MALÉ, Maldives — Political opponents of the Maldives government clashed with the police on the streets of the capital early Friday after the Supreme Court overturned the conviction of a former president living in exile in Britain and ordered the release of several other imprisoned politicians.
Hundreds of people celebrated in Malé, the capital, by waving the country’s flag after the court overturned verdicts against former President Mohamed Nasheed and a former vice president that were the result of trials that were internationally condemned. The court said in its ruling late Thursday that the guilty verdicts had been influenced by the government.
The police dispersed the crowds from the streets using pepper spray and batons. Rocks were thrown at police officers, and at least one injured officer was seen being carried to a hospital.
The ruling could allow Mr. Nasheed, the country’s first democratically elected president, to challenge President Abdulla Yameen when he seeks re-election later this year. Mr. Yameen, also known as Yameen Abdul Gayoom, is the half brother of former President Maumoon Abdul Gayoom.
An Indian Ocean nation known for its luxury tourist resorts, Maldives became a multiparty democracy 10 years ago after decades of autocratic rule. But it lost much of its democratic gains after Mr. Yameen was elected in 2013. He has maintained a tight grip on power, controlling institutions like the judiciary, the police and the bureaucracy.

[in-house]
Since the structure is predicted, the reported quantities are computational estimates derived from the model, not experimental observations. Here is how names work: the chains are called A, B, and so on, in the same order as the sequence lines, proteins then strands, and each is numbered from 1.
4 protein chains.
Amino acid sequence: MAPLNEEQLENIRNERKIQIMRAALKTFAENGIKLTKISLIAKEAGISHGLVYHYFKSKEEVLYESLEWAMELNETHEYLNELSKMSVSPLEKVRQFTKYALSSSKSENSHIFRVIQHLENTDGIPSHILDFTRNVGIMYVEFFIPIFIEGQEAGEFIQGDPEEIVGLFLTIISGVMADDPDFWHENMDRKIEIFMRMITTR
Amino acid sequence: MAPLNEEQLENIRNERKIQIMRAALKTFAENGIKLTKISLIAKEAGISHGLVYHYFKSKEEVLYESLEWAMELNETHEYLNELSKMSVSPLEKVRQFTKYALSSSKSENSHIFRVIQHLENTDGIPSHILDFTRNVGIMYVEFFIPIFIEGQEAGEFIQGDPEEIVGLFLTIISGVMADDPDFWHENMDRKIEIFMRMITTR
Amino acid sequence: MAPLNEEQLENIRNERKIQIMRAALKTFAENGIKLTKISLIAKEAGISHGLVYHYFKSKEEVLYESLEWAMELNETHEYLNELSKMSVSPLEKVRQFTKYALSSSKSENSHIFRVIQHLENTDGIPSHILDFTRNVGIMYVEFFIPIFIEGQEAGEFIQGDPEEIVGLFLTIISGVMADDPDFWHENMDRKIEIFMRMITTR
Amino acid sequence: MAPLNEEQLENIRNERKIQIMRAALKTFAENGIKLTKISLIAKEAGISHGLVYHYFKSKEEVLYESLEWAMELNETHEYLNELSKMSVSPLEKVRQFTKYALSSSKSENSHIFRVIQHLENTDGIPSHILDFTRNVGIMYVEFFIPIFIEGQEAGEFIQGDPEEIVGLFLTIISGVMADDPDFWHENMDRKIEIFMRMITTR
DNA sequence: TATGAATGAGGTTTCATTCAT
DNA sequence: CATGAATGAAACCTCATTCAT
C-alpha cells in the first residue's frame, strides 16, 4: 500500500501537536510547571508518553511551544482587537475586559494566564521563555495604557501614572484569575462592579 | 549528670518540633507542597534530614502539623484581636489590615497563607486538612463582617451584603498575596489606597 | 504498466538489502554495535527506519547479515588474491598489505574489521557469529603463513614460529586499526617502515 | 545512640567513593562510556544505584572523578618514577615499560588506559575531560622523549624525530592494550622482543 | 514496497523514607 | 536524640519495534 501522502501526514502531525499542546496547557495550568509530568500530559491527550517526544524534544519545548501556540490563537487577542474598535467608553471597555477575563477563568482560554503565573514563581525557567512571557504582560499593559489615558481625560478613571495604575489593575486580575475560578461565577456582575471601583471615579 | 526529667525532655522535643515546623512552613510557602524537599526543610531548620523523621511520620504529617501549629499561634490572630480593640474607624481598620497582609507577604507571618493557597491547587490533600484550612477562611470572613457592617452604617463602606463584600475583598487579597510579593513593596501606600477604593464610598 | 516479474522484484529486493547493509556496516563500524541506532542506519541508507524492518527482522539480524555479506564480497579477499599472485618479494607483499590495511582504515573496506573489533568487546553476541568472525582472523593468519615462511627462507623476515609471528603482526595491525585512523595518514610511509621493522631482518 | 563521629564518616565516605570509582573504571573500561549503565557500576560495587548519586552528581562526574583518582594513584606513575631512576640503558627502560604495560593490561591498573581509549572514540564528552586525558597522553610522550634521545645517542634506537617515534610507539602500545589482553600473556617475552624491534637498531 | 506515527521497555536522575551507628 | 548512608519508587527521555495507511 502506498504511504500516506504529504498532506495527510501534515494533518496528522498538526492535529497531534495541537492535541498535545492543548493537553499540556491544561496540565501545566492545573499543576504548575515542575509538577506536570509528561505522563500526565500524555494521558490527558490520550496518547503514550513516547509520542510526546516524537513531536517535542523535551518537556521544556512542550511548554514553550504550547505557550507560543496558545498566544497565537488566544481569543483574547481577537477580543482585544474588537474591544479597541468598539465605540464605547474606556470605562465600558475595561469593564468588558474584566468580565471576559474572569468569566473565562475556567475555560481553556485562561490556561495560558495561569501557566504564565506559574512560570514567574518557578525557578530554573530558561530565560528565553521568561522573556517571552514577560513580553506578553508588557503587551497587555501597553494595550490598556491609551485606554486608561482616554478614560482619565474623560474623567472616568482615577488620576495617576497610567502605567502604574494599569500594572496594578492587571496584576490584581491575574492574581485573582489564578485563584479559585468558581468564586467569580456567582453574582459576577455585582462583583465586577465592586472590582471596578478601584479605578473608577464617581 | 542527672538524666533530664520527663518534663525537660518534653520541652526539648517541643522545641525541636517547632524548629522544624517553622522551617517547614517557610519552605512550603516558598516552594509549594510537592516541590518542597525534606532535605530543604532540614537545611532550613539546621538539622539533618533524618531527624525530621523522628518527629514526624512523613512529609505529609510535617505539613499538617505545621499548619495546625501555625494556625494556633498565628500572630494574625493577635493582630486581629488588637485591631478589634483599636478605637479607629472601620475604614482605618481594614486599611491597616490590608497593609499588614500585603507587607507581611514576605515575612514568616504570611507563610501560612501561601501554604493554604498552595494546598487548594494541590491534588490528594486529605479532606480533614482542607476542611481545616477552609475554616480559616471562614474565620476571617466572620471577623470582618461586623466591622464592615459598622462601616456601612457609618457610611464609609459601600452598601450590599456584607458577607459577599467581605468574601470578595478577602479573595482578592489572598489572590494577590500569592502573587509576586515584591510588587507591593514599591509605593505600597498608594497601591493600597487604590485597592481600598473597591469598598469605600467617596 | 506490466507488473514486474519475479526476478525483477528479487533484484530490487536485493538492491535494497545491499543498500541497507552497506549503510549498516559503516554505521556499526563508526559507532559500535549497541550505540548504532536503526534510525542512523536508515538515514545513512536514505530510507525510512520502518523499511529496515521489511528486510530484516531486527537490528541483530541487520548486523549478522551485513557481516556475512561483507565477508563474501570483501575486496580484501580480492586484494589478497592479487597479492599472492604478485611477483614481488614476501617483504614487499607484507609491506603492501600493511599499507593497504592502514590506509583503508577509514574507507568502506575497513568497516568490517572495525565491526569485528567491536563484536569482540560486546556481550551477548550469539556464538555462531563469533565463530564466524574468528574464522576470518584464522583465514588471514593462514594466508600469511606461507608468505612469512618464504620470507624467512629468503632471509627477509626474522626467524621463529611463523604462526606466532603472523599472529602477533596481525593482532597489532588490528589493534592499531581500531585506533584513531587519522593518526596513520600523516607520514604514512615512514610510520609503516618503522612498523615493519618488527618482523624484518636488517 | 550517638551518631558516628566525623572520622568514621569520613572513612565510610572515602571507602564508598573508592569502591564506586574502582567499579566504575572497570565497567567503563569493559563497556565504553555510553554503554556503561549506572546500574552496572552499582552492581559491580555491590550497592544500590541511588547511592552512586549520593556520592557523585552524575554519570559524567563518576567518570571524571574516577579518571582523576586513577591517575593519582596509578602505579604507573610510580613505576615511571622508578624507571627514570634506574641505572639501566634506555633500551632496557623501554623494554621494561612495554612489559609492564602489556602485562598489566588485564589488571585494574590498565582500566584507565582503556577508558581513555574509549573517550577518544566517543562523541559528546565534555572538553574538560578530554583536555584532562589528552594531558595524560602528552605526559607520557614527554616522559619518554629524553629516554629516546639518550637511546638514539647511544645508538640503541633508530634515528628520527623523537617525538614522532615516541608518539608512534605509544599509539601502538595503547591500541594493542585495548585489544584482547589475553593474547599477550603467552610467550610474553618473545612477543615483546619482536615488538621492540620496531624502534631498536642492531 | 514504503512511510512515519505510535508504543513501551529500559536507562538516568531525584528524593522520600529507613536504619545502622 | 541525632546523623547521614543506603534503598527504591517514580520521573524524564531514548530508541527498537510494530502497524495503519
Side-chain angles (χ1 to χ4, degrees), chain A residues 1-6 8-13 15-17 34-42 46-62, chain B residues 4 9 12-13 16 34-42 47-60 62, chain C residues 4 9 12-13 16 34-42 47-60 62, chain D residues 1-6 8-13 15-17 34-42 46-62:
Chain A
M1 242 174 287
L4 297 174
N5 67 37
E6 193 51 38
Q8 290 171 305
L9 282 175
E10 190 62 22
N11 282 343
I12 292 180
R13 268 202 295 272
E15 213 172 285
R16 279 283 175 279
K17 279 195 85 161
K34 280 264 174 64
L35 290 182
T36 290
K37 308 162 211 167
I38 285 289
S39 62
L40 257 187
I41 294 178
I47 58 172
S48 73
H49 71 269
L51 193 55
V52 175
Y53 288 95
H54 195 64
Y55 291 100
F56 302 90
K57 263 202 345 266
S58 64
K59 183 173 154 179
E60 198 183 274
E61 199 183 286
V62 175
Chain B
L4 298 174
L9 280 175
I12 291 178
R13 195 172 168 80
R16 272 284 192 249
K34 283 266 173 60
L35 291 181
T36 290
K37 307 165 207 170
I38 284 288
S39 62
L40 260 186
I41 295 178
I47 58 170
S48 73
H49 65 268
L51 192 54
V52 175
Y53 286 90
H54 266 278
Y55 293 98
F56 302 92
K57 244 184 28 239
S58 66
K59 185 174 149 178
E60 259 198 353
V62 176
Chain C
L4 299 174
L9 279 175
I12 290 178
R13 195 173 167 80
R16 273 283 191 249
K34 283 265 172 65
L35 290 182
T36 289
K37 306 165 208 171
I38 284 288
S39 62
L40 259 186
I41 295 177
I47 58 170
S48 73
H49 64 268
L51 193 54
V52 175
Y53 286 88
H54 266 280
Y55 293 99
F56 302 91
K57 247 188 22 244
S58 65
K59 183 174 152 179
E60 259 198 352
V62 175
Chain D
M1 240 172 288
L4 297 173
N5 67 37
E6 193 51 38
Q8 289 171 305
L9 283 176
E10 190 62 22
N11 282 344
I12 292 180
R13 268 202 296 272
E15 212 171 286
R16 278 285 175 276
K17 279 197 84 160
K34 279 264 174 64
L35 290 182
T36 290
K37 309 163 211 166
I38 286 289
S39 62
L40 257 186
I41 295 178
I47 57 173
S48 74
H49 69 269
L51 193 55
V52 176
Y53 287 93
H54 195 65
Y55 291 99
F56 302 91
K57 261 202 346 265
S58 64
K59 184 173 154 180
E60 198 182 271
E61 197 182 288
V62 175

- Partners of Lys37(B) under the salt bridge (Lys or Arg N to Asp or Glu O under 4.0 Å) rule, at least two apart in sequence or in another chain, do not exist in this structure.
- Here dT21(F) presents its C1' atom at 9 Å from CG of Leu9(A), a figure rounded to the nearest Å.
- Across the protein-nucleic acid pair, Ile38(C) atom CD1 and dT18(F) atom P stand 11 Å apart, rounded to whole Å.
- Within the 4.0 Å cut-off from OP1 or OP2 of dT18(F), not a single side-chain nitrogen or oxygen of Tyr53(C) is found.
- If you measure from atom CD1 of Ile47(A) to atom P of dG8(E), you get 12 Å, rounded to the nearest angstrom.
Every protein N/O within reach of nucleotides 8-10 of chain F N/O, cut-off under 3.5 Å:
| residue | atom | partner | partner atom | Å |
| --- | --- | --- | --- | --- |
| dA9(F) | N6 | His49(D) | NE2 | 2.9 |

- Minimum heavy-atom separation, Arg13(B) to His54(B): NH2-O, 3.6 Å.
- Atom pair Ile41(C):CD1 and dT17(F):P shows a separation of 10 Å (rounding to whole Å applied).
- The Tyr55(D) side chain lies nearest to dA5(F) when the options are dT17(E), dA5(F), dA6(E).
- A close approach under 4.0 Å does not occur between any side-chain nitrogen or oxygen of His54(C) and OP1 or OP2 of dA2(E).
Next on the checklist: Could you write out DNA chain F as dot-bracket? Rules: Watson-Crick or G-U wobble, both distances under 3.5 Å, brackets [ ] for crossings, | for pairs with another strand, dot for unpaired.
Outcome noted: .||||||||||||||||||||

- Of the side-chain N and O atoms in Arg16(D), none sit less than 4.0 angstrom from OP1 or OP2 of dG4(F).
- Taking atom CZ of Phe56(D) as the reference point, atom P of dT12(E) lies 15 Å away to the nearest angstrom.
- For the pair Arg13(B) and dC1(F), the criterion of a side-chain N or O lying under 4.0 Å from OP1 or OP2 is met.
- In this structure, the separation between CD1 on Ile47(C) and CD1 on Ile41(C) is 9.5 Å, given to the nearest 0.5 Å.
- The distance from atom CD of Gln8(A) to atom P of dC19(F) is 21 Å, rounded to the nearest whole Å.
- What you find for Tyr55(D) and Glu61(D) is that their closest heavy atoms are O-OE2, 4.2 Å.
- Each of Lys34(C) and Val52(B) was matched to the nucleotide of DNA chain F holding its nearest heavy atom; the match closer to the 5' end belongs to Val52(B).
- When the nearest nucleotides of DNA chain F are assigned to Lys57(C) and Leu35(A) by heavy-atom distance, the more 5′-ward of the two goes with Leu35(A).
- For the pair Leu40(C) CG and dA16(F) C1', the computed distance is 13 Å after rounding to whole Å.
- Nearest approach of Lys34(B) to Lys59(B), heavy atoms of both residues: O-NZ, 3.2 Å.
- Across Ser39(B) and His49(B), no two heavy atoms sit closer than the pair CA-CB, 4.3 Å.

The court ruling also reinstated 12 lawmakers who had lost their positions for switching allegiance to the opposition. Mr. Yameen’s Progressive Party of the Maldives will lose a majority in the 85-member Parliament when the ousted lawmakers return.
The government said in a statement that it was trying to “vet and clarify” the court’s ruling and “will work to engage, and consult with, the Supreme Court in order to comply with the ruling in line with proper procedure and the rule of law.”
The opposition alliance in a statement welcomed the ruling and called for Mr. Yameen’s resignation — saying the court’s decision “effectively ends President Yameen’s authoritarian rule.”
Mr. Nasheed had been sentenced to 13 years in prison on terrorism charges but was allowed to get medical treatment in Britain, where he received asylum.
The ruling could allow him to become eligible to run in the presidential election expected to take place between August and November.
Mr. Yameen had been set to run for re-election virtually unopposed, with all of his opponents either jailed or exiled.
The prison sentence currently disqualifies Mr. Nasheed as a candidate. In a statement last month while in neighboring Sri Lanka, Mr. Nasheed said the opposition parties were in talks to field a common candidate if he was unable to run. “President Yameen wants a coronation, not an election,” he said. “We won’t let that happen.”
Also named for release was Mr. Yameen’s former deputy, Ahmed Adeeb, who had been jailed on accusations of plotting to kill Mr. Yameen.
Th earticle appeared in the NY Times on 1/2/2018